Lyri made its debut at the Rossini Opera Festival
At the opera with Lyri and Celia Montgomery
AHH! An opera festival in Italy! So glamorous! So exciting! The foot-stomping audiences, the breath-taking music… the deep befuddled confusion!
Unless you have remarkable language skills, it’s pretty difficult to understand 19th Century Italian sung by a coloratura soprano. If you don’t speak any Italian, the subtitles will only deepen the mystery.
I found myself wondering if Rossini had written an opera about the importance of water conservation.
For six years, I have been attending the Rossini Opera Festival in Pesaro, Italy. The experience is always wonderful, but not always comprehensible. When I first started attending the festival, I had almost no Italian, so I would prepare for each performance by reading a synopsis or an English translation of the libretto. But no amount of advance-reading can substitute for in-the-moment translation. On one occasion, I arrived at a performance of an unfamiliar opera after a flight delay. In my dash from the airport in Milan, there was no time to review the synopsis. The production turned out to be very “conceptual”. Jet-lagged and confused, I tried to make sense of the action. As singers in rags fought for plastic bottles on a starkly raked set, I found myself wondering if Rossini had written an opera about the importance of water conservation.
It would be prohibitively expensive for a two-week festival to install the sort of multi-lingual translation devices that exist at large opera houses. But the Rossini festival recently found a more affordable alternative – Lyri, a web-based translation app.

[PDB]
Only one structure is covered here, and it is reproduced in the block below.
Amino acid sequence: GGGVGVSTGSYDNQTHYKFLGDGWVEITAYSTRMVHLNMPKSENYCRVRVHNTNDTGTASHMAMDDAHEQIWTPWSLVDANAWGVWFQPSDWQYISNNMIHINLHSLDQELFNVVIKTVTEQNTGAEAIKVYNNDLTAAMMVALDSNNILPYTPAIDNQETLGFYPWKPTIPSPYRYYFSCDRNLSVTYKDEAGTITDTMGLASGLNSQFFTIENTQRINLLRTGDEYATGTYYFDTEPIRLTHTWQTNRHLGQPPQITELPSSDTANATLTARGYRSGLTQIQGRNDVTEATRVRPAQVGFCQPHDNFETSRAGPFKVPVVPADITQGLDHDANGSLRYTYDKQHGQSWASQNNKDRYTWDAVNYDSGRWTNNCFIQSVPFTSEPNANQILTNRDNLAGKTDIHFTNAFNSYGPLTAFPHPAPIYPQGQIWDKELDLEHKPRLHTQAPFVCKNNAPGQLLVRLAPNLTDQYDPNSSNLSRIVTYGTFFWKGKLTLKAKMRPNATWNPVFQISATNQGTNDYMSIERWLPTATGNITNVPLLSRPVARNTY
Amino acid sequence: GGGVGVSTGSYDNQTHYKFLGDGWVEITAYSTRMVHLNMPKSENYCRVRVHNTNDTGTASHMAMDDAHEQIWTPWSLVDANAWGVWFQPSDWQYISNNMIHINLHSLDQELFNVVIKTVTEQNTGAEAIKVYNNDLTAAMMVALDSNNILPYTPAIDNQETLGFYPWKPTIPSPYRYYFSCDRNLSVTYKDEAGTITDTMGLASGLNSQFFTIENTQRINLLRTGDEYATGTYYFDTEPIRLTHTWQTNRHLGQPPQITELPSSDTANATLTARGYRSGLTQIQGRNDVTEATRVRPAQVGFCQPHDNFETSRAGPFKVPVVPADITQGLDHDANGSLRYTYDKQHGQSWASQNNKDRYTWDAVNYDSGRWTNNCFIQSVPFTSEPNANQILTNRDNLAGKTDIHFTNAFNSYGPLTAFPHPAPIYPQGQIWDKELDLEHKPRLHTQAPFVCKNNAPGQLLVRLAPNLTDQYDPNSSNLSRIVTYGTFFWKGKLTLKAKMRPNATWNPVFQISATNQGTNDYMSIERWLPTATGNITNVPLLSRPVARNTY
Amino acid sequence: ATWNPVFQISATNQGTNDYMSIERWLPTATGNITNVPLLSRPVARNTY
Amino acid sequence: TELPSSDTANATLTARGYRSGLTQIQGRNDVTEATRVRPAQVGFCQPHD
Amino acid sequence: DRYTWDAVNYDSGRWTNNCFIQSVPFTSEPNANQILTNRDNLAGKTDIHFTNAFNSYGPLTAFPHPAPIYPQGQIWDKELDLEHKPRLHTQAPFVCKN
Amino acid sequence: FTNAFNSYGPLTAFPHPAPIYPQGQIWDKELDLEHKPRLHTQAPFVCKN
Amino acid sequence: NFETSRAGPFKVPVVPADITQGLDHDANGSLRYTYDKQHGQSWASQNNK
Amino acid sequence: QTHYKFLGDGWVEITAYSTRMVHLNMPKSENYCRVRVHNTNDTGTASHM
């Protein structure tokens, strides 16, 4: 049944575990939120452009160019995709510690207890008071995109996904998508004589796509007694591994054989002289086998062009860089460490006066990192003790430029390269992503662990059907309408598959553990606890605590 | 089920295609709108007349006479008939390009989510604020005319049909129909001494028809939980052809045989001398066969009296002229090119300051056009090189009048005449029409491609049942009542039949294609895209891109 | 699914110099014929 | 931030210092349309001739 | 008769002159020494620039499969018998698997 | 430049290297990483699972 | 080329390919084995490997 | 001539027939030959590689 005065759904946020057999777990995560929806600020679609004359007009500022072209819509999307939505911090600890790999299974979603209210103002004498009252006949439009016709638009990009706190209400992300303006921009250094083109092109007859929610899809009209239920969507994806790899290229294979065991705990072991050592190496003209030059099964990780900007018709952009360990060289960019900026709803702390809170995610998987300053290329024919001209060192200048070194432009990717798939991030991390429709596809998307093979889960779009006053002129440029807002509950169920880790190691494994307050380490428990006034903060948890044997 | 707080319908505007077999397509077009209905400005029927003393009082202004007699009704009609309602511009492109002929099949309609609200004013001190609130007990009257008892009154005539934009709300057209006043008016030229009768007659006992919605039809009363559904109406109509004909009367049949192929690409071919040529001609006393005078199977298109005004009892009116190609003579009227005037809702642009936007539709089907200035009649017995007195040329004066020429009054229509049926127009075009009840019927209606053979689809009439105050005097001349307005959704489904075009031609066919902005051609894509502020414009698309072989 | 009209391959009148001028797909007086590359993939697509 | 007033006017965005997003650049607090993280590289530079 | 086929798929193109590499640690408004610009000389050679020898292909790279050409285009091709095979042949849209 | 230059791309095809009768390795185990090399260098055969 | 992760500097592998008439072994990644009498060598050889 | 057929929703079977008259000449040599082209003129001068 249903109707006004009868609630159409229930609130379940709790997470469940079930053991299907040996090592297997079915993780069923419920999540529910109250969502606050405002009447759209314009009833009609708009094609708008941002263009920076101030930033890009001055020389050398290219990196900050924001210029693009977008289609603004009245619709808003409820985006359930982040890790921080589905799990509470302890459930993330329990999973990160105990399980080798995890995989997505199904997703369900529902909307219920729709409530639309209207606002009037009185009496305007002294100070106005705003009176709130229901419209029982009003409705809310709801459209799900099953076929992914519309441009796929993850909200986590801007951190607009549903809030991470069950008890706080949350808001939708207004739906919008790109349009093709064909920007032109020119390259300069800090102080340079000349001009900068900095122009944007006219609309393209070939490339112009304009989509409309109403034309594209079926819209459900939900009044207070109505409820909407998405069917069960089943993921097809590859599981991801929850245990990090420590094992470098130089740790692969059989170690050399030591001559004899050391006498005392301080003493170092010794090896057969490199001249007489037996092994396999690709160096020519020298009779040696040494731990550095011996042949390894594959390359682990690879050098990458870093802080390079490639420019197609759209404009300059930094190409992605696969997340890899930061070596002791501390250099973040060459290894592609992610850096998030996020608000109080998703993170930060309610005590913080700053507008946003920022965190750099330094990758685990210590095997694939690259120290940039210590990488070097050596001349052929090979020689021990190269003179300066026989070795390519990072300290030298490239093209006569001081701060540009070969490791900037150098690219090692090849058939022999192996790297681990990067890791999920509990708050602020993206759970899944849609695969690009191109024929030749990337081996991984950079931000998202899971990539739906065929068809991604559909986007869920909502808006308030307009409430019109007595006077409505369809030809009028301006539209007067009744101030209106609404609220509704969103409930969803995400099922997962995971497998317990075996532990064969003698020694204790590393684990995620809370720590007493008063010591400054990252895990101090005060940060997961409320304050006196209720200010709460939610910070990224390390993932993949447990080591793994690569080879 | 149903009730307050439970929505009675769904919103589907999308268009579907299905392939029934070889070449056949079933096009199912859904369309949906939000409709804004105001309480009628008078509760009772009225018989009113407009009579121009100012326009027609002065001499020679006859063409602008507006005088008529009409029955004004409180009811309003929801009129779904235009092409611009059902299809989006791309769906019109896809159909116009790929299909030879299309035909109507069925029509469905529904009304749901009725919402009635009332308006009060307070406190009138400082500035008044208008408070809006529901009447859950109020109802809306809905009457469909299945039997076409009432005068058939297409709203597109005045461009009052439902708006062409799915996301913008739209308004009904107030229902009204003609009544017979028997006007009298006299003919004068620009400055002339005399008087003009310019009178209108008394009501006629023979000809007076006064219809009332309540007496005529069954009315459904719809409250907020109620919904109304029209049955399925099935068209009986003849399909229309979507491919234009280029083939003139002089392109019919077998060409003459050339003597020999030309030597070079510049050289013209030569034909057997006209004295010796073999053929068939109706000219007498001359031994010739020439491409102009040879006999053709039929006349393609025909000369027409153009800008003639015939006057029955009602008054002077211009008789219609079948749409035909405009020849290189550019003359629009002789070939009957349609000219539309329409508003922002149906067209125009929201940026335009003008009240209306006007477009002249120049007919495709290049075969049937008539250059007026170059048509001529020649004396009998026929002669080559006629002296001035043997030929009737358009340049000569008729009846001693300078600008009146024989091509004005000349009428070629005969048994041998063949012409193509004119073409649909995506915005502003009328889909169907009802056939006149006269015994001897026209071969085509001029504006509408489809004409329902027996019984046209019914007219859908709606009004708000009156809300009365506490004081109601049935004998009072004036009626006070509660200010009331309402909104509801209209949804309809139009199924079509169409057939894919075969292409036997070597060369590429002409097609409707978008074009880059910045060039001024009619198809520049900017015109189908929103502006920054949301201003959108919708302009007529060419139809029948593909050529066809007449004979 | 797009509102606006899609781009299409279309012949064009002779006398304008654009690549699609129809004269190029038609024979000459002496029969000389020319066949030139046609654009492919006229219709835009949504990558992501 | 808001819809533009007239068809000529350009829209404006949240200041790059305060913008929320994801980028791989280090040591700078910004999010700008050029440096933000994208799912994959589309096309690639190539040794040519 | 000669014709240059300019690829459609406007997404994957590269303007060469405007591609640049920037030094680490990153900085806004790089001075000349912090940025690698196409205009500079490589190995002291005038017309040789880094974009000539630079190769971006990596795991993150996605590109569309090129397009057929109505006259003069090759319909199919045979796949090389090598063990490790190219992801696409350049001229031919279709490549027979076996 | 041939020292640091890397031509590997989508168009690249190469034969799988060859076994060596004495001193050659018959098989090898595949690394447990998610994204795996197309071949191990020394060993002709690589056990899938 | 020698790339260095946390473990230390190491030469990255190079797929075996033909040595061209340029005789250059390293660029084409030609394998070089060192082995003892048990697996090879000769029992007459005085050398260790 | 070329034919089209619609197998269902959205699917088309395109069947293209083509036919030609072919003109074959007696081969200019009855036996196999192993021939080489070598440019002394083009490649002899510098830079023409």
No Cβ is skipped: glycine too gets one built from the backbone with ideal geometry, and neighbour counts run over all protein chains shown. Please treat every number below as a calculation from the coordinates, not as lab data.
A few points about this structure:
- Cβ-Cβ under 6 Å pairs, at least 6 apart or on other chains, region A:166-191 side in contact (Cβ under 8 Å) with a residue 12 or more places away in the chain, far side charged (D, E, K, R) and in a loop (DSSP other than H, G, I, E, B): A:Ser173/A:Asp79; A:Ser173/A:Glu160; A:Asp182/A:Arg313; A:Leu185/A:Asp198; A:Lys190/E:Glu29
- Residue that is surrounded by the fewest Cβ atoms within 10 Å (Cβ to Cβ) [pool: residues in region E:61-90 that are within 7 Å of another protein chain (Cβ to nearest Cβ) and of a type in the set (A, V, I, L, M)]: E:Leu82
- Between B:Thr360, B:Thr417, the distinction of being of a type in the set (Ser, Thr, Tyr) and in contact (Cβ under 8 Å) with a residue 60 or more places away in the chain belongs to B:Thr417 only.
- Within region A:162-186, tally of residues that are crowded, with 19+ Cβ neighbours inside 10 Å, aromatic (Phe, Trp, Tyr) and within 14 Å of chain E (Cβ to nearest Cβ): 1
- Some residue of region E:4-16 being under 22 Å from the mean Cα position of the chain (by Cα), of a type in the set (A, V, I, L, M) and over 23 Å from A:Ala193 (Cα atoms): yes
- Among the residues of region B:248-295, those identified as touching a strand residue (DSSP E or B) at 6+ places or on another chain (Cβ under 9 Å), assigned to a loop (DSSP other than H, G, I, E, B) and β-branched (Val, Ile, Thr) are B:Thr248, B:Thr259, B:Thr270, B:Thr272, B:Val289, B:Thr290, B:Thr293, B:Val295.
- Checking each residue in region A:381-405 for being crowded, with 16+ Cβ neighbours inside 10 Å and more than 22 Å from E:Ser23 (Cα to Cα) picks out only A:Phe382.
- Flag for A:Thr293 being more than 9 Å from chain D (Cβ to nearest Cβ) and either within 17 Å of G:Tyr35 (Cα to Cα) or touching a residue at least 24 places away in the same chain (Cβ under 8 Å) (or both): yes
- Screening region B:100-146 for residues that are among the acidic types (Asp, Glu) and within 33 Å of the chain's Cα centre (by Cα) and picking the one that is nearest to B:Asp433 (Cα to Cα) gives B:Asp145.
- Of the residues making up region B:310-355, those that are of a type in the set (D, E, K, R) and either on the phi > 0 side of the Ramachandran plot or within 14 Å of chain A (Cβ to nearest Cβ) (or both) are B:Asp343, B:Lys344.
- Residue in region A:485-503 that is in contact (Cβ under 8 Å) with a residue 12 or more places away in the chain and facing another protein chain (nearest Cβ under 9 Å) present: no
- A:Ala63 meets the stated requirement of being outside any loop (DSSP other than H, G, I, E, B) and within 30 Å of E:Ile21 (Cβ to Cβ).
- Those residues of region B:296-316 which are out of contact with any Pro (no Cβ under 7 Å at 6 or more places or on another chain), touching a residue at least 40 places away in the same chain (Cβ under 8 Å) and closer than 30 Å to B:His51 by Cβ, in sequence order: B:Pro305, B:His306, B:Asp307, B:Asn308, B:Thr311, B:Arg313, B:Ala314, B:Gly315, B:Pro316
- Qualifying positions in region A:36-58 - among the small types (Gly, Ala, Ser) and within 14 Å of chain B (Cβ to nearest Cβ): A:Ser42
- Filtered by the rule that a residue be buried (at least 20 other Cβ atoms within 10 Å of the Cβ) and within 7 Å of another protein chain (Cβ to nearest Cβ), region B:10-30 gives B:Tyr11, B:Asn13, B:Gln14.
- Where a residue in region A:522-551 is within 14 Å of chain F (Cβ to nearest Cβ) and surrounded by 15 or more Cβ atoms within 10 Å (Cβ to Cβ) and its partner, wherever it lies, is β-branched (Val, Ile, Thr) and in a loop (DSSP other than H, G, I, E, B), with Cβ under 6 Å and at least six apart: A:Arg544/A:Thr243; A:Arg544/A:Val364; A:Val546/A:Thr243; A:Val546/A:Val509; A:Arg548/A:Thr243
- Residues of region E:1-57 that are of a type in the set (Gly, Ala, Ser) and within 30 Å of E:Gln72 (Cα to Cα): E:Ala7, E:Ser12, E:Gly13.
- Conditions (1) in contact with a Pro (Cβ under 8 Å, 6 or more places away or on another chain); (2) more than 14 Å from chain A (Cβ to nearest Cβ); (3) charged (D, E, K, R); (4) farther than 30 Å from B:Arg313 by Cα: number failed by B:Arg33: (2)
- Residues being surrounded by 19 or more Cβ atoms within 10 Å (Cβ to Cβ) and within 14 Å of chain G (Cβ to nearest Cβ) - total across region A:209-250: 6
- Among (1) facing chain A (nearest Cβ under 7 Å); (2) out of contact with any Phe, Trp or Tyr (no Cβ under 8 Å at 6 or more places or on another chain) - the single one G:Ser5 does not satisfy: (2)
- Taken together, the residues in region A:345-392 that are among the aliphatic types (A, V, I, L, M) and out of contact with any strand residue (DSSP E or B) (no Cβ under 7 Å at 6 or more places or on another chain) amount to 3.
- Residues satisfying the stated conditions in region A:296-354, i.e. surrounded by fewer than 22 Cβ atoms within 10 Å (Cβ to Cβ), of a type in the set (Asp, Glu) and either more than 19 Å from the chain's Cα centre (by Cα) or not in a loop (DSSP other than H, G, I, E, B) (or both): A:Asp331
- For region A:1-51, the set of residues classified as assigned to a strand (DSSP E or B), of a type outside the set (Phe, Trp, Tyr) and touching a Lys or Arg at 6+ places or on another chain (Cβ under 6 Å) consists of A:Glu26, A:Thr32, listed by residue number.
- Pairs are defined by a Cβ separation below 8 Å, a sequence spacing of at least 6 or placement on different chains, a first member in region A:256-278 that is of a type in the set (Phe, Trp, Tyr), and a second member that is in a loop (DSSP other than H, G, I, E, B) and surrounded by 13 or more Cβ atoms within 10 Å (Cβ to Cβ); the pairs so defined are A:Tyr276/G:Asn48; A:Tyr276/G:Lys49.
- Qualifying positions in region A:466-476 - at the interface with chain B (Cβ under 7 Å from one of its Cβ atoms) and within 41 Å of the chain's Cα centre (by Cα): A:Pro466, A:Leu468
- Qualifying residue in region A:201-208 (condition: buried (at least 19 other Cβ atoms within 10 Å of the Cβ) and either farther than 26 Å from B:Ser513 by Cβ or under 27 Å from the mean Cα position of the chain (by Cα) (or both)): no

Lyri operates on a private WIFI network. Audience members download the Lyri app to their smartphones prior to the performance. At the theater, they select the Lyri WIFI channel, and then open the app to access real-time translation in several language choices.
Lyri was introduced in Pesaro last season. Obviously, opera-goers were a little suspicious of the technology at first. To operate a smartphone in an opera house is normally considered a mortal sin. Would the phones annoy the singers? Would users be distracted from the action on stage by the words on the screen?
Happily, none of those fears were realized. Audience members using Lyri were reminded to turn their phones to airplane mode. Translations were shown in simple white letters on a black background, so that almost no screen light could be detected.
Although my eye was drawn down to my lap a little too often at first, I soon adapted and barely noticed the transition.
I used Lyri at six performances last summer and found that it significantly enhanced my experience. Although my eye was drawn down to my lap a little too often at first, I soon adapted and barely noticed the transition. It was wonderful to finally understand every nuance of the plot. The productions were exceptional, and my enjoyment of them was intense. The witty repartee in Barber, the cunning deceptions of Ricciardo e Zoraide, the sparkling silliness of Adina – the detailed acting and direction all landed spontaneously and powerfully on me.
There were some technical glitches. Toward the end of one performance of Ricciardo e Zoraide, the translation seemed to go haywire and the words were obviously incorrect. Also: be prepared to share! If your seatmate doesn’t have the Lyri app, they will be tempted to look over your shoulder! But, overall, a big hurrah to this wonderful innovation. I’m really looking forward to future seasons with Lyri.
Celia Montgomery is a frequent visitor to the Rossini Opera Festival and is a member of the American Rossini Society